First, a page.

THE GOURDS

"Blood of the Ram"

Eleven Thirty

SPLIT LIP RAYFIELD

"Should Have Seen It Coming"

Bloodshot

When Uncle Tupelo splintered in the early '90s, Max Johnston, the one member of the pioneering alt-country band who had actual country-music chops, joined three of his bandmates in Wilco. But as it became obvious that Wilco wasn't very interested in country, Johnston packed up his fiddle, banjo and lap steel and in 1999, joined the Gourds, an Austin band that still had a healthy dose of hillbilly music in its energetic, jokey, sloppy, singalong rock 'n' roll.

The Gourds' new album, "Blood of the Ram," deserves all those adjectives. Johnston's string instruments and Claude Bernard's accordion give the songs a rootsy, Americana feel, embracing everything from honky-tonk to Cajun to gospel soul, and the songs by guitarist Kev Russell and bassist Jimmy Smith serve up tall tales from the red states along the Gulf Coast.

The vocals are as raggedy as the songwriting, but it's hard to resist the contagious good time that the band seems to be having on every song. It's telling that the most memorable song, "Cracklins," is a shaggy-dog story that climaxes in a flatulence joke, but surely there's room for that, too, in today's pop music.

The alt-country cause is also carried forward by Split Lip Rayfield, a Kansas quartet whose instrumentation resembles a bluegrass band. Of course, most bluegrass bands don't use a one-string bass with a Ford gas tank for its body and don't perform songs with titles like "C'mon Get Your Gun" and "A Little More Cocaine Please." Both of these tunes are on SLR's fourth album, "Should Have Seen It Coming," which adapts the Gourds' irreverence with less boogie and more craft.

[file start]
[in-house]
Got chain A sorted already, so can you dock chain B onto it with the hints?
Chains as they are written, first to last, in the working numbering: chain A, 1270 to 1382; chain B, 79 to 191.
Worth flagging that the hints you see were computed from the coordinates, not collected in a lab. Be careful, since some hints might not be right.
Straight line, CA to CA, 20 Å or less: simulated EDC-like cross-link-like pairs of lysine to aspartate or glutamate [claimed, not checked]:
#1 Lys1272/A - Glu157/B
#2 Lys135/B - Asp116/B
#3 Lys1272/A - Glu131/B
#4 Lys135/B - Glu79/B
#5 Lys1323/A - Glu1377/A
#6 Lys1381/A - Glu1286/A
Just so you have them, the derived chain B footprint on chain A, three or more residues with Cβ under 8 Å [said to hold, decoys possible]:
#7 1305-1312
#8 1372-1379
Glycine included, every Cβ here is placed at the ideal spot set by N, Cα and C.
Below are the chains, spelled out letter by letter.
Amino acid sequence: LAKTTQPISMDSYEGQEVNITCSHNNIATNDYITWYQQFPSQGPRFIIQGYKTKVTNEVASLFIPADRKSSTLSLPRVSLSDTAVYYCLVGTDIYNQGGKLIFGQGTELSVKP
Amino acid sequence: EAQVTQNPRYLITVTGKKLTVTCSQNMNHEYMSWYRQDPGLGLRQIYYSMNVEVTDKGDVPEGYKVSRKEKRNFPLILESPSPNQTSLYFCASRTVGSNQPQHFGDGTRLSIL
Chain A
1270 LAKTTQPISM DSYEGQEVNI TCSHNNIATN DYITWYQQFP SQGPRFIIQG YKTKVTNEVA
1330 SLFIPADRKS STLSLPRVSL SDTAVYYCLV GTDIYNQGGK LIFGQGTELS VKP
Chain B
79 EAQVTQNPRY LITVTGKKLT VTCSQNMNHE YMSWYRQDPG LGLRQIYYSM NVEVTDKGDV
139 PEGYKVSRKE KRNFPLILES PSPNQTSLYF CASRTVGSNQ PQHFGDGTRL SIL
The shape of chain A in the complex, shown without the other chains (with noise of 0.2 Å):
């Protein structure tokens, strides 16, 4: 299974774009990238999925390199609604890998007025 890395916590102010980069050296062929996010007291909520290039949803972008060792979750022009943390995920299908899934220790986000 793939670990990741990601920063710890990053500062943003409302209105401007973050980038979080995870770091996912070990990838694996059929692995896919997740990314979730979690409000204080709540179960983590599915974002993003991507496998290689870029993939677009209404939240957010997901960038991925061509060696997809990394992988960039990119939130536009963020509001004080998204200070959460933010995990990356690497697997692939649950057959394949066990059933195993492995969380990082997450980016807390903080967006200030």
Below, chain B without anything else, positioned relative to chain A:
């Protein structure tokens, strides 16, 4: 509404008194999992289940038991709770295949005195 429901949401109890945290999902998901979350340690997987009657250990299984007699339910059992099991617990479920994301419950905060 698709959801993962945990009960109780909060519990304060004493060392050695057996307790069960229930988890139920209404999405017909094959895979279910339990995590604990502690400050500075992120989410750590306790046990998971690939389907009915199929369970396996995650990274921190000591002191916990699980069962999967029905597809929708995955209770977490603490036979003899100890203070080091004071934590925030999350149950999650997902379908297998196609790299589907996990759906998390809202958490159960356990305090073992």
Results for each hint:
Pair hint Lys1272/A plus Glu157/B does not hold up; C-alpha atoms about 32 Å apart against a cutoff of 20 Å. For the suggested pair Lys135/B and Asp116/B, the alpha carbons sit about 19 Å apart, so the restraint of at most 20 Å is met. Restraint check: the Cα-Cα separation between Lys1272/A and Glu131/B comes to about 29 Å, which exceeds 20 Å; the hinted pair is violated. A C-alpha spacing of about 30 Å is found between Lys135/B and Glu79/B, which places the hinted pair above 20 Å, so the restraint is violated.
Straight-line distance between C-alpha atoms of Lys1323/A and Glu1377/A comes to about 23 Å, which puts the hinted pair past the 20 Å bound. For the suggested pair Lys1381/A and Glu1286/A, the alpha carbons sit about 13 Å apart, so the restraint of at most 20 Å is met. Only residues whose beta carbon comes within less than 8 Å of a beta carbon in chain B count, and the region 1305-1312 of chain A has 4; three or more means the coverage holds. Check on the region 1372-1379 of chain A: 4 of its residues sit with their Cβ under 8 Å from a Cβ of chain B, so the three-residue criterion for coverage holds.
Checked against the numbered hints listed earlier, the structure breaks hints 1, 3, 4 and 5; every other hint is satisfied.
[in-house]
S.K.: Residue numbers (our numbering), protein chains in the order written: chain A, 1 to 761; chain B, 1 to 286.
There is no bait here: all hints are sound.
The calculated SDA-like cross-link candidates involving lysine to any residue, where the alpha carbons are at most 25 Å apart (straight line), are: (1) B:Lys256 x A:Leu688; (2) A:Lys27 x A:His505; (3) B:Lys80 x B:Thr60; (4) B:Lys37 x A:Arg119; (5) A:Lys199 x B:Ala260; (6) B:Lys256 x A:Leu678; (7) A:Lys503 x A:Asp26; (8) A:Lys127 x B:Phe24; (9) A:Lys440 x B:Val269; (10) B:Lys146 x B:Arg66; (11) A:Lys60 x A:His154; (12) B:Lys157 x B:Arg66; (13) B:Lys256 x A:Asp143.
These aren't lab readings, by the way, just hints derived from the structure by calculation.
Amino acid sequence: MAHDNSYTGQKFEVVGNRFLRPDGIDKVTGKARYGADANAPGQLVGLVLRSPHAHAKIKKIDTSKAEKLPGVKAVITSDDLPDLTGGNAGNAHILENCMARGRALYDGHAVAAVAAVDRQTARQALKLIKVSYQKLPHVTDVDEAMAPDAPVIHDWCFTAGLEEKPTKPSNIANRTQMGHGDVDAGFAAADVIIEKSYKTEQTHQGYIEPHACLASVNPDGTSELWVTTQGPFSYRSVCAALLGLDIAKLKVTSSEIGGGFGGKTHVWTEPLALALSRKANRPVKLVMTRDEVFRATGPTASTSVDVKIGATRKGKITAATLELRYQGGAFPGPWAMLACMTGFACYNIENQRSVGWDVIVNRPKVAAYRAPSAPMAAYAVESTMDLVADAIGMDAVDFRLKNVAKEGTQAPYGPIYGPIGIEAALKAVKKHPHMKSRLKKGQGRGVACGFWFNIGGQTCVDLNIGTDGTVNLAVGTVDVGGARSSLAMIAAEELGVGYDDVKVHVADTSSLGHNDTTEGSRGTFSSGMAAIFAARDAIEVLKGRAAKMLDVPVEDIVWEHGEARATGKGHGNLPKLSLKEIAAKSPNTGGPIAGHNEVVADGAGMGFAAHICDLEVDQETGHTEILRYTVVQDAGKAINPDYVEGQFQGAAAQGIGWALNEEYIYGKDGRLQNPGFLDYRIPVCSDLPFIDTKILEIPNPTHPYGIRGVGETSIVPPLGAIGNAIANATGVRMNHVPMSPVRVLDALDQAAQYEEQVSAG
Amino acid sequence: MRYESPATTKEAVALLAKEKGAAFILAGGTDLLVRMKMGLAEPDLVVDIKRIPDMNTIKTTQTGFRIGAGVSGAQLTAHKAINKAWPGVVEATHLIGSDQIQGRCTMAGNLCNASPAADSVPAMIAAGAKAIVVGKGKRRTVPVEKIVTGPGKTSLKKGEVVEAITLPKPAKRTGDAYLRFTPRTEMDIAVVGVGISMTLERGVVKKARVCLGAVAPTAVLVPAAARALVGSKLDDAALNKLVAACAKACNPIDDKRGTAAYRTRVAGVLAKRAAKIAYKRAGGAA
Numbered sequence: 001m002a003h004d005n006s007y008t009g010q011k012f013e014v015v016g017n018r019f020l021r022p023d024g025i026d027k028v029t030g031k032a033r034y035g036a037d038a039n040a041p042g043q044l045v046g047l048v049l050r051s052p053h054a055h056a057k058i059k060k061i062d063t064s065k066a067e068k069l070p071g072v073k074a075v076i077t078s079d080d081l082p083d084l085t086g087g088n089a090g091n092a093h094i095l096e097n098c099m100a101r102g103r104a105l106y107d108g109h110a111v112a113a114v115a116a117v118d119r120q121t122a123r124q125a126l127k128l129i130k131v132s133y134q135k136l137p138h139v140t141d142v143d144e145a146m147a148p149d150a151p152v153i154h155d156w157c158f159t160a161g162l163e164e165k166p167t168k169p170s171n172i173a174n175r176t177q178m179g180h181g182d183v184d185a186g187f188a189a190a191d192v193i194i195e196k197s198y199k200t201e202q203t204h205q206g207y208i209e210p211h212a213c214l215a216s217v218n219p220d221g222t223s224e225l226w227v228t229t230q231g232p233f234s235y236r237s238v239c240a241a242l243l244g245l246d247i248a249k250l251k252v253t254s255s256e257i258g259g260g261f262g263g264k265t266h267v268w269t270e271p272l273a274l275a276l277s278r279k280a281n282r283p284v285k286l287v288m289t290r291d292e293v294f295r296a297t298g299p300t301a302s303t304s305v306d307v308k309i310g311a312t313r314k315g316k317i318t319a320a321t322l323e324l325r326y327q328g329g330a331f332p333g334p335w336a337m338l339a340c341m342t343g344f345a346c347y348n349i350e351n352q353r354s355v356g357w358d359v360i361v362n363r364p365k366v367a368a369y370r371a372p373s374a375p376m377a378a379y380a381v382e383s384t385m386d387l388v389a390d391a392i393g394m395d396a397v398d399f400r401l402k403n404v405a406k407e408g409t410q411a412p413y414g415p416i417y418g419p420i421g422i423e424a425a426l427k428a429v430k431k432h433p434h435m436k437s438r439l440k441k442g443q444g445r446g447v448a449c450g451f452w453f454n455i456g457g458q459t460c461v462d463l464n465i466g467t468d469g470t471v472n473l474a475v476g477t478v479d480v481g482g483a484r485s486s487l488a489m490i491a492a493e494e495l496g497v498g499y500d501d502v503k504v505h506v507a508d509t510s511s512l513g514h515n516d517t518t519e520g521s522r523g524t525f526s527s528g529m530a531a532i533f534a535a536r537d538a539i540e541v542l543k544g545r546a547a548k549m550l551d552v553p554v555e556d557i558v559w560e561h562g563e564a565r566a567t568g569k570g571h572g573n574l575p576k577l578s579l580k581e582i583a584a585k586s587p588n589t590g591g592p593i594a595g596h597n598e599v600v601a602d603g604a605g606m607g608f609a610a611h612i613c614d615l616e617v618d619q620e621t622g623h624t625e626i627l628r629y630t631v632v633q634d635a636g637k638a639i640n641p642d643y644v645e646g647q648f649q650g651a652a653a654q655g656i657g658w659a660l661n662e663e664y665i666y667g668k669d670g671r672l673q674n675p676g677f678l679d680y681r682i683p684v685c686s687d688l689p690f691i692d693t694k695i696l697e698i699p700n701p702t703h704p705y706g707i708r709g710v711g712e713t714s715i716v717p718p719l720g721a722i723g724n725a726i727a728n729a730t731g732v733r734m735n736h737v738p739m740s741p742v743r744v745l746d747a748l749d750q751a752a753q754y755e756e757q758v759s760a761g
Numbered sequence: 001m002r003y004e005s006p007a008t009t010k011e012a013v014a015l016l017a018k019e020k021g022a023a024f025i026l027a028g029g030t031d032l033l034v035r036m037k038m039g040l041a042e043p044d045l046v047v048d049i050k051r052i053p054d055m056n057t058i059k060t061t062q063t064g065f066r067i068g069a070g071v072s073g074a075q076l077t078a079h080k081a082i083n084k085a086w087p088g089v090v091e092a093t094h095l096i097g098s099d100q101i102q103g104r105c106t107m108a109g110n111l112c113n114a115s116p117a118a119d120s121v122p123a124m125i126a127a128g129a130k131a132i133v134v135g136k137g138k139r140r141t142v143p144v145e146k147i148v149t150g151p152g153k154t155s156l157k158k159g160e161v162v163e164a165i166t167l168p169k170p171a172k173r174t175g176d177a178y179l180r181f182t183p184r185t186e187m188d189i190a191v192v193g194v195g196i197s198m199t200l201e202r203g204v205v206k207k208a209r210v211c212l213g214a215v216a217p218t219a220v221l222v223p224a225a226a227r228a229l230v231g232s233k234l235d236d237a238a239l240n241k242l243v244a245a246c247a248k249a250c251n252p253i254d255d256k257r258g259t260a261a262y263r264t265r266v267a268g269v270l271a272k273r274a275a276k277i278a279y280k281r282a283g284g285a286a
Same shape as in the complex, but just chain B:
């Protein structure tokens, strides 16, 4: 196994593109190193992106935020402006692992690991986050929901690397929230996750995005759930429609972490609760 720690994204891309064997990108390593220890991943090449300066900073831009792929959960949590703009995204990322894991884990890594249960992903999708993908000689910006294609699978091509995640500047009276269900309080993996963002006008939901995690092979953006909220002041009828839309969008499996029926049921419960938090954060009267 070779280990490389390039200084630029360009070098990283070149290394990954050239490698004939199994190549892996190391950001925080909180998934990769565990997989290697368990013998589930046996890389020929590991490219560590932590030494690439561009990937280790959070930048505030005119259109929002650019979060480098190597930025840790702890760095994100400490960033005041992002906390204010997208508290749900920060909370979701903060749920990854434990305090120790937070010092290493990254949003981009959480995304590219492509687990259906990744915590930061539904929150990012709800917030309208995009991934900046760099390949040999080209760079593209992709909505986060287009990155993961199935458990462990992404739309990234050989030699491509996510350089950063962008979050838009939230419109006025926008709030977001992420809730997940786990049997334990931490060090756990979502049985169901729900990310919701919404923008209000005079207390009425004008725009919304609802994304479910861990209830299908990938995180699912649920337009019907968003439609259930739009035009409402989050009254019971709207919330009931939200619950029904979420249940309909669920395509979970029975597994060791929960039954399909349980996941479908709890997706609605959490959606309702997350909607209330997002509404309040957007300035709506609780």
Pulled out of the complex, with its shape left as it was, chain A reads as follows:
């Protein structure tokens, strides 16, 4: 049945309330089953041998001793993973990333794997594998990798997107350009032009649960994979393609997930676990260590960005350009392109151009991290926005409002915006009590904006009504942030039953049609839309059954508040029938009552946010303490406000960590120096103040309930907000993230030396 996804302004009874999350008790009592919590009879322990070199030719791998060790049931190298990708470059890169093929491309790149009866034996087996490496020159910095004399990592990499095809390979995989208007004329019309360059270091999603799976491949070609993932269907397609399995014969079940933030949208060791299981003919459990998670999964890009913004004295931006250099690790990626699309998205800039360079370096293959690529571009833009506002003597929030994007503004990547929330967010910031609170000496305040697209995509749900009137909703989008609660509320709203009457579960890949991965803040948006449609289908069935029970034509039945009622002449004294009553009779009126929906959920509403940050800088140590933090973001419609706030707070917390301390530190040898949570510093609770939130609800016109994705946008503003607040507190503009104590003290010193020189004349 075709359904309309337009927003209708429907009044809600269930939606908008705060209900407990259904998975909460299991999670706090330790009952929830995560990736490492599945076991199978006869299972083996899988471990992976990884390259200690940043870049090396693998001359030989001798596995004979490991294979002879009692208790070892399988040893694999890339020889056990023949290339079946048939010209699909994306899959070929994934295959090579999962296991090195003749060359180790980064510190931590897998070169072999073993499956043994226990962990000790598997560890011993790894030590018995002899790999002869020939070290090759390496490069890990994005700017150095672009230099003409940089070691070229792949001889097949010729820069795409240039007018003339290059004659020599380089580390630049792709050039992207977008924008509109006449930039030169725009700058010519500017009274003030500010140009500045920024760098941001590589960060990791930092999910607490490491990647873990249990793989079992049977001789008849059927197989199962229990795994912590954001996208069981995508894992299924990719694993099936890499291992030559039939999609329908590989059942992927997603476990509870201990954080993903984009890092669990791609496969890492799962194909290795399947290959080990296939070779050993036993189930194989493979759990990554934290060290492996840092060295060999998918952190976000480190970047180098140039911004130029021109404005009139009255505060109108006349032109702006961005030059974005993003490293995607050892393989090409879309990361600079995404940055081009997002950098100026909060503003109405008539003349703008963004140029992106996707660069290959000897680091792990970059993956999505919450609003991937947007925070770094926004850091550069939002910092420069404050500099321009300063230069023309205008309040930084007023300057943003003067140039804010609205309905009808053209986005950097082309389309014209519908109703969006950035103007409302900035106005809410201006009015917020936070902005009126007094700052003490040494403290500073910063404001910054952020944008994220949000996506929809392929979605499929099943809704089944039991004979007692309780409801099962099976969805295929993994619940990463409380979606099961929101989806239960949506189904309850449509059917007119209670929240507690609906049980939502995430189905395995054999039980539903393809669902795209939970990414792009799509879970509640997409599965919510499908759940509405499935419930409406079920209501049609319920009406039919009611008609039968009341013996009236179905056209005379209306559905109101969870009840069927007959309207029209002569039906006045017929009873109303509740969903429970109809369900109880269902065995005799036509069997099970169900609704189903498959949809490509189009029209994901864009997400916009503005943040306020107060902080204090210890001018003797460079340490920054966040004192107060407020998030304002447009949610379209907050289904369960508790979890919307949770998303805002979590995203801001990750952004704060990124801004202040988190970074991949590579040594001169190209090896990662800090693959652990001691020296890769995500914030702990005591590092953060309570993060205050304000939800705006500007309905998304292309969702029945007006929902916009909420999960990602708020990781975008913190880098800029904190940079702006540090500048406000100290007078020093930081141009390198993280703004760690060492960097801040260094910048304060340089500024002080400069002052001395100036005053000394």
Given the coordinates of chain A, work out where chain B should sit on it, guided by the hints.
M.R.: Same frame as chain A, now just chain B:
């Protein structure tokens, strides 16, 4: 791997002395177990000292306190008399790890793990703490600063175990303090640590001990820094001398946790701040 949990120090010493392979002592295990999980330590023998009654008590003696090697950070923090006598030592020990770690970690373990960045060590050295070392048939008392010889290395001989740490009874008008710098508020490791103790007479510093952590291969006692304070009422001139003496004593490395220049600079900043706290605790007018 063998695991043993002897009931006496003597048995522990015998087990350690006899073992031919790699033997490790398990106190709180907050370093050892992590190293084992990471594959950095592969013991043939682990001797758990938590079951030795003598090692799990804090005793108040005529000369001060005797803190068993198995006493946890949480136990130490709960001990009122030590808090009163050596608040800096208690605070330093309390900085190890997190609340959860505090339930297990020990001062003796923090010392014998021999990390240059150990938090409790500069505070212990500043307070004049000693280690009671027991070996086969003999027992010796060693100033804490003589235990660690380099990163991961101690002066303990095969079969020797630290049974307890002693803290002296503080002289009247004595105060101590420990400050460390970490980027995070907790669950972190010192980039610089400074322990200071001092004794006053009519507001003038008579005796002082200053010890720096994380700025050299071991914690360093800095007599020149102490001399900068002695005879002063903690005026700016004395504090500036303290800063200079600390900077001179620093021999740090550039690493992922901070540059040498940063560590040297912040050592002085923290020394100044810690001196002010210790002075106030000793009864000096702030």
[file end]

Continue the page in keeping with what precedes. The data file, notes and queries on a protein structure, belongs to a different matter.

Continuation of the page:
SLR's all-acoustic picking is not virtuosic in the bluegrass sense, but it does combine clean, inventive parts with a rock 'n' roll oomph. The craft is also evident in the songwriting by mandolinist Wayne Gottstine and guitarist Kirk Rundstrom, who balance their tongue-in-cheek numbers with impressive, straightforward country songs such as "Hundred Dollar Bill" and "Promise Not to Tell." The album's final number is the satirical "Just Like a Gillian Welch Song," but several other songs could have worn that title legitimately.

-- Geoffrey Himes

Appearing Saturday at the Birchmere. * To hear a free Sound Bite from the Gourds, call Post-Haste at 301-313-2200 and press 8124; to hear Split Lip Rayfield, press 8125. (Prince William residents, call 703-690-4110.)